Bengaluru, June 21 (IANS) As thick passing monsoon clouds played hide and seek with partial solar eclipse over this tech city, hundreds of people observed the celestial event in awe despite poor visibility on Sunday.
“The partial solar eclipse occurred from 10.12 a.m. to 1.31 p.m., with 36 per cent maximum visibility at 11.47 a.m. despite clouds playing truant during the 3-hour-long event,” state-run Jawaharlal Nehru Planetarium Director Pramod Galgali told IANS here.
As public viewing was not allowed in the planetarium complex in the city centre due to Covid-induced lockdown restriction on large gathering, the eclipse was streamed live, which led to the institute’s website www.taralaya.org hanging for long, as thousands of people logged in to watch the event in the virtual world.
“Though we could not allow public to watch the eclipse from the planetarium ground due to lockdown curb, we have recorded it for study and analysis and arranged to showcase it live on social media platforms like Facebook and Youtube channel,” Galgali said.
The natural phenomenon occurred across the sub-continent as sun, moon and earth came in a straight line to form the deepest annular solar eclipse.
“As eclipsing sun should not be seen without protective and safety equipment, the event was shown live for people to view it from their home,” said Galgali.
The planetarium also has arranged a pair of goggles for Rs 35 for the public to view the eclipse safely from the rooftop of their home.
The last solar eclipse over this tech city was viewed on December 26, 2019, when about 90 per cent of the sun’s disc was covered by the passing moon.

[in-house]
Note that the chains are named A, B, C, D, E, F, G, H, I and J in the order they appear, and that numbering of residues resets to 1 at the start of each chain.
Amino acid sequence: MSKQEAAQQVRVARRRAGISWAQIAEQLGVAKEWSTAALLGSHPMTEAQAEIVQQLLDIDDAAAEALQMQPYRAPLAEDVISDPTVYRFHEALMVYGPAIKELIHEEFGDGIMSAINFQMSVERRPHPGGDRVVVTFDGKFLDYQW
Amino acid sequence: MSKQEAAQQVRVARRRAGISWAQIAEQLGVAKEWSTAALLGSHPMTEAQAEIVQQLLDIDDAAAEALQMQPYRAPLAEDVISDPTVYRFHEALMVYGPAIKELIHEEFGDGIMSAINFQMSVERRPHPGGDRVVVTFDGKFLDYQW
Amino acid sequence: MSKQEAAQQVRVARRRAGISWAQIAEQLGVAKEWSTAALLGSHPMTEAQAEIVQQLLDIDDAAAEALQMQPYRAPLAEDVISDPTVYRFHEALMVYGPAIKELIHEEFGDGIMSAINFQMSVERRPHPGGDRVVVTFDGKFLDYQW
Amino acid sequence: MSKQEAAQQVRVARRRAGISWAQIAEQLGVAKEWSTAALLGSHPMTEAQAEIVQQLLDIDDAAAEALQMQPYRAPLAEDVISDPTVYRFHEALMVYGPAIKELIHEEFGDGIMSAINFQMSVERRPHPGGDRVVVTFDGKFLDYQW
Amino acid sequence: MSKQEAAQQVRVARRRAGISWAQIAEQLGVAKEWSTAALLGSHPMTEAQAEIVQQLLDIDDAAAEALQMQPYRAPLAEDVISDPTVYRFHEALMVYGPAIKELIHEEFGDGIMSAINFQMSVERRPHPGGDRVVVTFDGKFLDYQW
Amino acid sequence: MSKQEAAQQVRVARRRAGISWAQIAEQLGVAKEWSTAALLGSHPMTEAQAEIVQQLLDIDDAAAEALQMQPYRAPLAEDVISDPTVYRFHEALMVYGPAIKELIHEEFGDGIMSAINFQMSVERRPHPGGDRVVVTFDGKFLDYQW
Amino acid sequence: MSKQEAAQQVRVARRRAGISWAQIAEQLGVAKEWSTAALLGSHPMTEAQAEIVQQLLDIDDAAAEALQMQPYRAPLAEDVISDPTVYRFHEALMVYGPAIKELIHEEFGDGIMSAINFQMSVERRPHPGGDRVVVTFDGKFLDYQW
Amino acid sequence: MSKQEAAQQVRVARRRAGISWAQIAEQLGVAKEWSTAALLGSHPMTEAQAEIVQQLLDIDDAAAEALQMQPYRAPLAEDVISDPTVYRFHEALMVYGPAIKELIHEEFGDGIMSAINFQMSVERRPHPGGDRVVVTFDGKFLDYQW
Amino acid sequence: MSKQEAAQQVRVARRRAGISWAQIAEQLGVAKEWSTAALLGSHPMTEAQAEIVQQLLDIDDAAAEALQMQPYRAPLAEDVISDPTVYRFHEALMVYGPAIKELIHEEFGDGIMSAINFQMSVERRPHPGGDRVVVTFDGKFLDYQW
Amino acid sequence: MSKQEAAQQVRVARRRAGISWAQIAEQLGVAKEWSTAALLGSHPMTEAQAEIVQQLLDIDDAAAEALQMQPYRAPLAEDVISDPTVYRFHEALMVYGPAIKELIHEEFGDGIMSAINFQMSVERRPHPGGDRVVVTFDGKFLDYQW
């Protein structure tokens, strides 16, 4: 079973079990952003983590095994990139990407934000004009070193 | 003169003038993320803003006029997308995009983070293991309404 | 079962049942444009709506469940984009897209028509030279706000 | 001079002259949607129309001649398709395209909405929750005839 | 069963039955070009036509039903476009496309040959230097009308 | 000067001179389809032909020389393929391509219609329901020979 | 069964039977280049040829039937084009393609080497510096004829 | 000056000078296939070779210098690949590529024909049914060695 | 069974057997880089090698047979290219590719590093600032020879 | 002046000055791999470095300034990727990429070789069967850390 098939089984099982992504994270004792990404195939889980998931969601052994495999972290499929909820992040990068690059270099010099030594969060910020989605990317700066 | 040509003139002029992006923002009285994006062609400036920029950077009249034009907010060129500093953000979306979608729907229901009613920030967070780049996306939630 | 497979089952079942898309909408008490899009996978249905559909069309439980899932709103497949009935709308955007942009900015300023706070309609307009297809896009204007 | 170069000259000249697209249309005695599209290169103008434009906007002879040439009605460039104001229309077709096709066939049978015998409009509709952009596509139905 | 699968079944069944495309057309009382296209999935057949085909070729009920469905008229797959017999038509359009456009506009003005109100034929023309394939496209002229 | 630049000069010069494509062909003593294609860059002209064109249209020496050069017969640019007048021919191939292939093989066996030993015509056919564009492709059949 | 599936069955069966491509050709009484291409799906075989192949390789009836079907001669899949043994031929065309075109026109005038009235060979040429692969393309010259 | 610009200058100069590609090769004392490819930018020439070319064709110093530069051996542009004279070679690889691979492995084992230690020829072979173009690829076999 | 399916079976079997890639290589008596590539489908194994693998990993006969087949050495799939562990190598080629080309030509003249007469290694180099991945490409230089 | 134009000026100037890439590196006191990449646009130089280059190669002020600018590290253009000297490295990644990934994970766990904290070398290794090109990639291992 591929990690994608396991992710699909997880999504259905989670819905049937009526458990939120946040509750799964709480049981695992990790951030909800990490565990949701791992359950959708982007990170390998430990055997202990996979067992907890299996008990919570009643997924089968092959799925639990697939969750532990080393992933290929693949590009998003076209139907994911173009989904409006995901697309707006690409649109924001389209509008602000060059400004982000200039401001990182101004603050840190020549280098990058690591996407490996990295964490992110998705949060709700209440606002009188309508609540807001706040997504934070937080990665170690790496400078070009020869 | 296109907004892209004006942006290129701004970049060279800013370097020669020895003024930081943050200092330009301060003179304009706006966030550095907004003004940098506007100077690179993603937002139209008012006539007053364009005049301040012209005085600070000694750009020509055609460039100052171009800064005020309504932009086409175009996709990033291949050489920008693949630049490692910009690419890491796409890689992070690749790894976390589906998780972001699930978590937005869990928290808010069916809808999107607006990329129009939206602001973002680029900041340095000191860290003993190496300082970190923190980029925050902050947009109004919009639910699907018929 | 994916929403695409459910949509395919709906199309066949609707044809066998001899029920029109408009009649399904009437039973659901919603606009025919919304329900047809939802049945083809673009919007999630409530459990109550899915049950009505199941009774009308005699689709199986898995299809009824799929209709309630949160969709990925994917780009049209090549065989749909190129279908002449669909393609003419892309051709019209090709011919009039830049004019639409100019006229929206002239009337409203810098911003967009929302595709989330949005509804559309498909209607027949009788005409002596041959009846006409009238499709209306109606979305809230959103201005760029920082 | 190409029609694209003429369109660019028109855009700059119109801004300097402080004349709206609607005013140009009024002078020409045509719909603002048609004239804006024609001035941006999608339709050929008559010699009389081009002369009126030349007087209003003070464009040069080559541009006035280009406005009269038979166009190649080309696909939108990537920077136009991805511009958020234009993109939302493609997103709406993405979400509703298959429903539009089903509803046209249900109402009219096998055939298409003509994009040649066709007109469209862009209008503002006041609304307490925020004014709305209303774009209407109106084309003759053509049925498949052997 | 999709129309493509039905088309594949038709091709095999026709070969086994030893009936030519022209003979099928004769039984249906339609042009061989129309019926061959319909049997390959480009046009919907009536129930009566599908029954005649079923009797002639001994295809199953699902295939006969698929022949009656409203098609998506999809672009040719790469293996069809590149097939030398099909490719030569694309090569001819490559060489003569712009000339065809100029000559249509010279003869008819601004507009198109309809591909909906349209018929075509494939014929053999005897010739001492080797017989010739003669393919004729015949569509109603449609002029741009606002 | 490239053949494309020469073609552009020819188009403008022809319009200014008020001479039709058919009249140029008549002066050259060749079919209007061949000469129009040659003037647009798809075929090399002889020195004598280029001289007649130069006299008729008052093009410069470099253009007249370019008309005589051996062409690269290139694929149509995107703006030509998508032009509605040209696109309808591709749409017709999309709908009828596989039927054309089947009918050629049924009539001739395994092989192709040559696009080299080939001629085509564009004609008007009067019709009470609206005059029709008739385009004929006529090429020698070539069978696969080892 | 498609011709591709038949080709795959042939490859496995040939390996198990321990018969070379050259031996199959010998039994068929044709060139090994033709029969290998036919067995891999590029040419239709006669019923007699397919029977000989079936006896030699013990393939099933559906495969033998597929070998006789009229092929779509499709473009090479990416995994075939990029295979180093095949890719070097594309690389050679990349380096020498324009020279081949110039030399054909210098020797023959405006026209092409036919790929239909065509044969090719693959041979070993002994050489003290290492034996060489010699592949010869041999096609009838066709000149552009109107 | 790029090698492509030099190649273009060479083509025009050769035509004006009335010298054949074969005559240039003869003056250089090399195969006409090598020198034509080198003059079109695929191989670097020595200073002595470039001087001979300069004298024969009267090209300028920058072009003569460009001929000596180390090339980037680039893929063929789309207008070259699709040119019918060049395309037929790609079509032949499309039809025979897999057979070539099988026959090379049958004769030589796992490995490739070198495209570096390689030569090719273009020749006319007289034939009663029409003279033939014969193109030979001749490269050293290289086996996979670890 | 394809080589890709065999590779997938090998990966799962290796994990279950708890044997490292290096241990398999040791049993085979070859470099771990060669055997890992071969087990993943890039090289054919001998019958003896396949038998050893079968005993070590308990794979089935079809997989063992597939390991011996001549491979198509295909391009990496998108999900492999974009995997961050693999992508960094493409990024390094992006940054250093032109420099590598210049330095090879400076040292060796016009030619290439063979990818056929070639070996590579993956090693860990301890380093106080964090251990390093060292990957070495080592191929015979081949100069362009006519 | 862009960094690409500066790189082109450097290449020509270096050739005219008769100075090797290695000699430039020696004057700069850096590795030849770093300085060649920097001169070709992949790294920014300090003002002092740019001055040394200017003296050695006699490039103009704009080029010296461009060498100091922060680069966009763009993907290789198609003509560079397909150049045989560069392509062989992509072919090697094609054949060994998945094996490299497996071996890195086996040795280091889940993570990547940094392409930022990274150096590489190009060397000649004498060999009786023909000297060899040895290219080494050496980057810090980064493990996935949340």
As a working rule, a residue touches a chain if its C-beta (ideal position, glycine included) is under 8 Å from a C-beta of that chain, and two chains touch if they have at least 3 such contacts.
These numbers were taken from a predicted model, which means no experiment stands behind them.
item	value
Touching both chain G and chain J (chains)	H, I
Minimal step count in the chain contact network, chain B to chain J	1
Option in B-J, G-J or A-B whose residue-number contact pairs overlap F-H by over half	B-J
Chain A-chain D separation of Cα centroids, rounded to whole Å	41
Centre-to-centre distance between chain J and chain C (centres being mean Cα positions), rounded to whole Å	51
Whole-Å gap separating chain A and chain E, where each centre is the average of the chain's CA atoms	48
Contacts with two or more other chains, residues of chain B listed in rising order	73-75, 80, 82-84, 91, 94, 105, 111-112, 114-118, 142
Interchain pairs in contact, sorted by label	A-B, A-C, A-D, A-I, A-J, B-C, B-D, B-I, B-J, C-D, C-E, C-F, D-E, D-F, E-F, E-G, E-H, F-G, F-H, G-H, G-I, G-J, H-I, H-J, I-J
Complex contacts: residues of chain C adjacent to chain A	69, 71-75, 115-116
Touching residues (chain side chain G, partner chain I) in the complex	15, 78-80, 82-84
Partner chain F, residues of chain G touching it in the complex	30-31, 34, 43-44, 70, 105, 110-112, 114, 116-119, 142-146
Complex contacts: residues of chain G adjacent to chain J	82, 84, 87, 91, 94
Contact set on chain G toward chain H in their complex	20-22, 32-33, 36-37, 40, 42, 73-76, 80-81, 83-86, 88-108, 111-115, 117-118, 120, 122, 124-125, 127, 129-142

Touted to be deepest annular eclipse of this century, the sun appeared as a necklace of pearls for about 30 seconds during its maximum phase along a narrow corridor passing over Rajasthan, Haryana and Uttarkhand.
“The eclipse was partial in the rest of the country. With the next eclipse 11 years away in 2031, this was a big astronomical event in the sub-continent,” said the director.
It is also the first since 2001 when the solstice coincided with a solar eclipse, which will occur again in 2039.
The annular solar eclipse occurs when the size of moon is less than that of sun, leaving its outer rim open and giving the appearance of a ring of fire.
The other prominent places where the eclipse was more visible were Dehradun, Kurukshetra, Chamoli, Joshimath, Sirsa and Suratgarh.
Doors of hundreds of Hindu temples across the southern state were closed during the eclipse, which is considered inauspicious astrologically.
The temples will reopen their doors in the evening for worshipping, as per the lockdown guidelines to maintain social distancing.